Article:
Perfect for: Enriching mother and daughter bond through storytelling.

 

 

9. Sugar and Spite by Gail D Villanueva

In a nutshell: Jolena can't take Claudine's bullying any longer! The taunts and teasing are too much. Though Jolena knows going into her grandfather's potions lab is forbidden, she sneaks in one day to access the family magic: She brews a batch of gayuma, the powerful love potion.

Why is it TBR worthy: Magic and reality mingle in this brilliant new middle grade novel by Gail D. Villanueva, asking whether it’s ever okay to take away someone's free will. Join us at Fully Booked Chats with Gail Villanueva to know more about the book.

Perfect for: Young readers as the book—capturing the richness of Philippine culture— blends love, family, and friendship into one fascinating story.

 

 

10. To All the Boys I've Loved Before by Jenny Han

In a nutshell: Sixteen-year-old Lara Jean Song Covey keeps her love letters in a hatbox her mother gave her. One for every boy she’s ever loved—five in all. When she writes, she pours out her heart and soul and says all the things she would never say in real life, because her letters are for her eyes only. Until the day her secret letters are mailed, and suddenly, Lara Jean’s love life goes from imaginary to out of control.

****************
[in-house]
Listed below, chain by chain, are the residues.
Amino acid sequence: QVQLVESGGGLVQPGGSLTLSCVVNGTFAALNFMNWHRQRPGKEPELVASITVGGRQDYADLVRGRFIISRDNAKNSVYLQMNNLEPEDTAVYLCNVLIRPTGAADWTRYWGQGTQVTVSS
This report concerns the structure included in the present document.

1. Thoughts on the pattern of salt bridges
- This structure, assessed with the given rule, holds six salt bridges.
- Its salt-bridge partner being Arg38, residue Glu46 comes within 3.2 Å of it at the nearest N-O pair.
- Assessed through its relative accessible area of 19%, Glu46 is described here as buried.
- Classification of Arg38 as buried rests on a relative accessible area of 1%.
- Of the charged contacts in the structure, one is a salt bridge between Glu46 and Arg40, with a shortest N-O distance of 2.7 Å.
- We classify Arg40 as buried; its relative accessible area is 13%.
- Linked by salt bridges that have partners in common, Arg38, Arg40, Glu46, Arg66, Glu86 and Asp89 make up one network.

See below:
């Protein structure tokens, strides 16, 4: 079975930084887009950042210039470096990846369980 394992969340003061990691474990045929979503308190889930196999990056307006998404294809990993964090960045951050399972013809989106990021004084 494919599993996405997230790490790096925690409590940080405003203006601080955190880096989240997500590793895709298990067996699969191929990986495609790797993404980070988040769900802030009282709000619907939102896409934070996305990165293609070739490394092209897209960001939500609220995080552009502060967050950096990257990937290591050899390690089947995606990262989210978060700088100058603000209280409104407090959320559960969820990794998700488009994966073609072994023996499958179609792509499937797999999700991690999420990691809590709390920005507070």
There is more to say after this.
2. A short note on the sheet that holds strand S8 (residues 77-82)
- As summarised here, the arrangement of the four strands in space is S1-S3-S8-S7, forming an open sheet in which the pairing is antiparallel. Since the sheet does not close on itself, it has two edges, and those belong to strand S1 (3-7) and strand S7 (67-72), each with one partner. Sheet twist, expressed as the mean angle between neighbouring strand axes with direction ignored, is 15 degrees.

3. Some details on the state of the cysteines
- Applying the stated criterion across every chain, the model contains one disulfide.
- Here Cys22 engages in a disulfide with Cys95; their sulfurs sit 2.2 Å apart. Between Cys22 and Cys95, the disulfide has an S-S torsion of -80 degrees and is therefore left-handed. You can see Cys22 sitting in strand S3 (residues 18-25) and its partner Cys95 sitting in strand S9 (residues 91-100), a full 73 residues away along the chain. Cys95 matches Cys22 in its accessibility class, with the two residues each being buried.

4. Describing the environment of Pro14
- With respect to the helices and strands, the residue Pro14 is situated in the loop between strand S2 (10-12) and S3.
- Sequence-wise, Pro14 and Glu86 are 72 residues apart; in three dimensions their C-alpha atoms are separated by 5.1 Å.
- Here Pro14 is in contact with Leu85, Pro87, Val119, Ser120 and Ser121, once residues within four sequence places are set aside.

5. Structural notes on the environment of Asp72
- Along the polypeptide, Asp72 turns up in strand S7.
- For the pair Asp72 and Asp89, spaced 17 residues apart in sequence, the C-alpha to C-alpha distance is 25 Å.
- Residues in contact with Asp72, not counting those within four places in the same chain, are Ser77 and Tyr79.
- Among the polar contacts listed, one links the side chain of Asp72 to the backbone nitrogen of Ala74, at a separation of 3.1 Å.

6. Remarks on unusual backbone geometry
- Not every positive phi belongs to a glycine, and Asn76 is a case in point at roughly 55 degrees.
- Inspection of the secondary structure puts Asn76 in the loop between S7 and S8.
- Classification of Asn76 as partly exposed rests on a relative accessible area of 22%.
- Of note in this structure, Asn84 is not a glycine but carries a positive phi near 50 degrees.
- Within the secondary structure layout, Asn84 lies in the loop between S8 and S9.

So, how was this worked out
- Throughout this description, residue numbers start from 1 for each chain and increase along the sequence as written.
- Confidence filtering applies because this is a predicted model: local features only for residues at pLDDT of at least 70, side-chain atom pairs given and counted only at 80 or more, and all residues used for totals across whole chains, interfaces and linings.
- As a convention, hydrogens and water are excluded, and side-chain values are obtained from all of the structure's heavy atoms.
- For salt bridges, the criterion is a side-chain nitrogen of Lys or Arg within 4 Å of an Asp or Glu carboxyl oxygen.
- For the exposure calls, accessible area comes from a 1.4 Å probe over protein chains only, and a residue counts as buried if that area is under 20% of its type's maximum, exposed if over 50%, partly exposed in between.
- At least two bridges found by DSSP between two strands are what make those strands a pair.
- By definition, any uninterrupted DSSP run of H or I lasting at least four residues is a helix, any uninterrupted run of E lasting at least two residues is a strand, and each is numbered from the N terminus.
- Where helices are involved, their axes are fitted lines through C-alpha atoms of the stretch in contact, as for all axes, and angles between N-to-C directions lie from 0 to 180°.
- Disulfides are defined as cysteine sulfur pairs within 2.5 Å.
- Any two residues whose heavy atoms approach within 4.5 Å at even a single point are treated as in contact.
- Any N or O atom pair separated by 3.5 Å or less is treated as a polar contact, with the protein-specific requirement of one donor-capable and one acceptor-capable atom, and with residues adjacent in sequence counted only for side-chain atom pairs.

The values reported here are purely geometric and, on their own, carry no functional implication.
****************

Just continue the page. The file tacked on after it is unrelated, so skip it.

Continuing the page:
Why is it TBR worthy: You might have watched the Netflix adaptation but reading the book still hits differently: you will get to enjoy Jenny Han’s relatable and quirky writing, plus definitely be able to relive all the kilig. It’s a heartfelt and charming story that will bring you back to the butterflies you once had when you were in high school.

Perfect for: Young adults who are craving a light and casual coming-of-age book to get out of a reading slump.

 


 

11. Quintessential Filipino Cooking: 75 Authentic and Classic Recipes of the Philippines by Liza Agbanlog

In a nutshell: Experience classic and authentic recipes from the Philippines with Quintessential Filipino Cooking. This expansive collection highlights the traditions and flavors of Filipino cooking, and gives each one Liza's personal touch that takes them to the next level.

Why is it TBR worthy: This cookbook contains over 75 recipes and 60 photos that will encourage you to explore more on cooking Filipino dishes for the family.

Perfect for: Moms and dads, young pros, and kitchen enthusiasts looking to explore more Filipino delicacies and improve their cooking skills.

 

12. Walking with the Comrades by Arundhati Roy 

In a nutshell: Roy takes readers to the unseen front lines of this ongoing battle, chronicling her months spent living with the rebel guerillas in the forests. In documenting their local struggles, Roy addresses the much larger question of whether global capitalism will tolerate any societies existing outside of its colossal control.

Why is it TBR worthy: In this book, Roy talks about her first-hand experiences in 2010 as she spent living with the Naxalite communist guerillas. It’s a fierce and riveting non-fiction that will take you deep within the forests of rural India at war. 

Perfect For: Military and historical non-fiction who are interested in eyewitness storytelling.


Explore more reads that offer perspectives and insights on the wide range of Asian experiences. Check out more books on the Fully Booked Read Asian page.